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I wonder if you can explain this to me. In http://en.wikipedia.org/wiki/Ray_transfer_matrix_analysis#Table_of_ray_transfer_matrices it says under "Thin lens" that the ray matrix is given by

[tex]

\left( {\begin{array}{*{20}c}

{r_{final} } \\

{r_{final}^' } \\

\end{array}} \right) = \left( {\begin{array}{*{20}c}

1 & 0 \\

{ - 1/f} & 1 \\

\end{array}} \right)\left( {\begin{array}{*{20}c}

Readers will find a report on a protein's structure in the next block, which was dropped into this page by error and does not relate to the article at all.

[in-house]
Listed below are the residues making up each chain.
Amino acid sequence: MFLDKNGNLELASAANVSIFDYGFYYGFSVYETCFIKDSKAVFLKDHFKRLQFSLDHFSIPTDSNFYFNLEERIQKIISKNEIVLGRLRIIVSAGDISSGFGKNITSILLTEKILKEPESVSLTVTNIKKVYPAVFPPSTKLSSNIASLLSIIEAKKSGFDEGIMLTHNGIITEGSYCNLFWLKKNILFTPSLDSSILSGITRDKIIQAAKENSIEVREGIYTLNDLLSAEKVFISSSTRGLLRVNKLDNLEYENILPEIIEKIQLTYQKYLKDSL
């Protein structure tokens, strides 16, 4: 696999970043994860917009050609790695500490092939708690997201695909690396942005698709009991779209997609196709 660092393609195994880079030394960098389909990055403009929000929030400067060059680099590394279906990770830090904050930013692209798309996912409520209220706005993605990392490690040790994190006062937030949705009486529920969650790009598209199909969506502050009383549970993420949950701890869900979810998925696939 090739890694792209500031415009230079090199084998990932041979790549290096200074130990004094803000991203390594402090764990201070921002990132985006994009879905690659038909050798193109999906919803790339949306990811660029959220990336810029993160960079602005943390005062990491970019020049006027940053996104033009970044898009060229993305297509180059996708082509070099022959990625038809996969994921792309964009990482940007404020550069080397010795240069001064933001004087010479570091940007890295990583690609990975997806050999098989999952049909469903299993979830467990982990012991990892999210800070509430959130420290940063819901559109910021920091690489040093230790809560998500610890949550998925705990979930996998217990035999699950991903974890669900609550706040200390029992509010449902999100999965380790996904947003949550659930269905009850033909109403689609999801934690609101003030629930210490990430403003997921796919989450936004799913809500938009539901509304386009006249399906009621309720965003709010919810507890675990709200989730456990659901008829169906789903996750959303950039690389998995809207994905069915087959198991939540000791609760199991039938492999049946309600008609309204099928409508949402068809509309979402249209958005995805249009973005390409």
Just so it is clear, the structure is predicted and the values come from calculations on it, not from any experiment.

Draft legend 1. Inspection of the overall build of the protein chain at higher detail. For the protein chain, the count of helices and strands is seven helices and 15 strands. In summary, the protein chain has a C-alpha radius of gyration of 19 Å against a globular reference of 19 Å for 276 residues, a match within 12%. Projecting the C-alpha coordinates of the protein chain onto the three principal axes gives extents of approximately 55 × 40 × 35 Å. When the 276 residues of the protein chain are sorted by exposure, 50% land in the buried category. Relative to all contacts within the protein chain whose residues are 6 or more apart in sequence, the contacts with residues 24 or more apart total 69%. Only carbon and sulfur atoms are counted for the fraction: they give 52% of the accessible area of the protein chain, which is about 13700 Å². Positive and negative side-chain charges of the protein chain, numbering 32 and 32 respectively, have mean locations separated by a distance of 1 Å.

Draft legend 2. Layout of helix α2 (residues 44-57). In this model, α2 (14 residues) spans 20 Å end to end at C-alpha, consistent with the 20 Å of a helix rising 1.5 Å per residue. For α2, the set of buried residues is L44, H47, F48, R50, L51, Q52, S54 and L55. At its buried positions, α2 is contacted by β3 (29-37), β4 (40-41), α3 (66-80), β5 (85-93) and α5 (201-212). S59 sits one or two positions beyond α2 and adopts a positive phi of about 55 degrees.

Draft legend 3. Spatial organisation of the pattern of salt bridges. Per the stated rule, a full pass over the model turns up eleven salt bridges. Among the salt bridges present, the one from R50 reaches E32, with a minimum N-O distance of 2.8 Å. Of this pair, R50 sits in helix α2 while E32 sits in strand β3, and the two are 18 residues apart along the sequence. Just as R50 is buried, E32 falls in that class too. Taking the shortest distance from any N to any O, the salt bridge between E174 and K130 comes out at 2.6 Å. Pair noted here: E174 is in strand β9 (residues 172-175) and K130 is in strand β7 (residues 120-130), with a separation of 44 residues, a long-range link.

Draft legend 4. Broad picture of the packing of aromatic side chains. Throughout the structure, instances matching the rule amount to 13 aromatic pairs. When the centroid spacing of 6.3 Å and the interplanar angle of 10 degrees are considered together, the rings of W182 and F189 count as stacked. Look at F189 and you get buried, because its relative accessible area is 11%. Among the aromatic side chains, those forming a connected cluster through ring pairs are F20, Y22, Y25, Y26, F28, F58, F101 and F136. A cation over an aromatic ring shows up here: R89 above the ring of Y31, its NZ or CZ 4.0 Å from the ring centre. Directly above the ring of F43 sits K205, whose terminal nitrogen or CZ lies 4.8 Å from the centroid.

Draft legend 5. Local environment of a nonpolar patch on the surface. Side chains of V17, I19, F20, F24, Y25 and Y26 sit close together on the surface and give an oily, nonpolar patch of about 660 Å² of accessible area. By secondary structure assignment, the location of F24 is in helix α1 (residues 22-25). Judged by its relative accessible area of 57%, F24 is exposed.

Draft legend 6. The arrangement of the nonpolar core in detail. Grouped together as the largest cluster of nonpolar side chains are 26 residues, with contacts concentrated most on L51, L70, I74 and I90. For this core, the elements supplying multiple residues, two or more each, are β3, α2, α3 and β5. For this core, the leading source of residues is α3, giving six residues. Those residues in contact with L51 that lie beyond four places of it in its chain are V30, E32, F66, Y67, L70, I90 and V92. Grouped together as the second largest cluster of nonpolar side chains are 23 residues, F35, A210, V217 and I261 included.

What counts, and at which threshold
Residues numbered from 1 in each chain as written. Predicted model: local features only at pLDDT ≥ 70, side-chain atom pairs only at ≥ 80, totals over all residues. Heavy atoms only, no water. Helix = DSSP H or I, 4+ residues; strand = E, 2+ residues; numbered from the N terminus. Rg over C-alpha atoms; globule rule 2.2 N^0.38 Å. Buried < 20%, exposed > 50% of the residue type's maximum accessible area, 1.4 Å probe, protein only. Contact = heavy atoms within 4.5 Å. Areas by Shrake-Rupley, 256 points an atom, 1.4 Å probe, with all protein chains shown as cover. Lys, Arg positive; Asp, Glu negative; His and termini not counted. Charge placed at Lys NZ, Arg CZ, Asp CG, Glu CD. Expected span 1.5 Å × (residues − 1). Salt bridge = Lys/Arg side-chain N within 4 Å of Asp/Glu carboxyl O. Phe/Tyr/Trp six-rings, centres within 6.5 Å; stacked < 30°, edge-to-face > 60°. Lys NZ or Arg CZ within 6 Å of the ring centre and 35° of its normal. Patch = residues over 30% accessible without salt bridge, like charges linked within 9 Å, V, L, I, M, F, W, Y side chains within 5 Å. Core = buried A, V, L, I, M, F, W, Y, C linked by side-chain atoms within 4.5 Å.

{r_{initial} } \\

{r_{initial}^' } \\

\end{array}} \right)

[/tex]

Here

*r*is the ray displacement and

*r*' is the slope of the ray. Now the above ray matrix tells us that

*r*

_{final}=

*r*

_{initial}, but I cannot see why this is the case at all. I mean the displacement of the initial ray is constantly growing, while the displacement of the final ray is constantly decaying. Then how can we equal to the displacements?

The only argument my book uses is that "Immediately to the right of the lens the ray's displacement is the same as the initial displacement immediately to the left." But still, the displacements are not constant, so I cannot see why this argument works.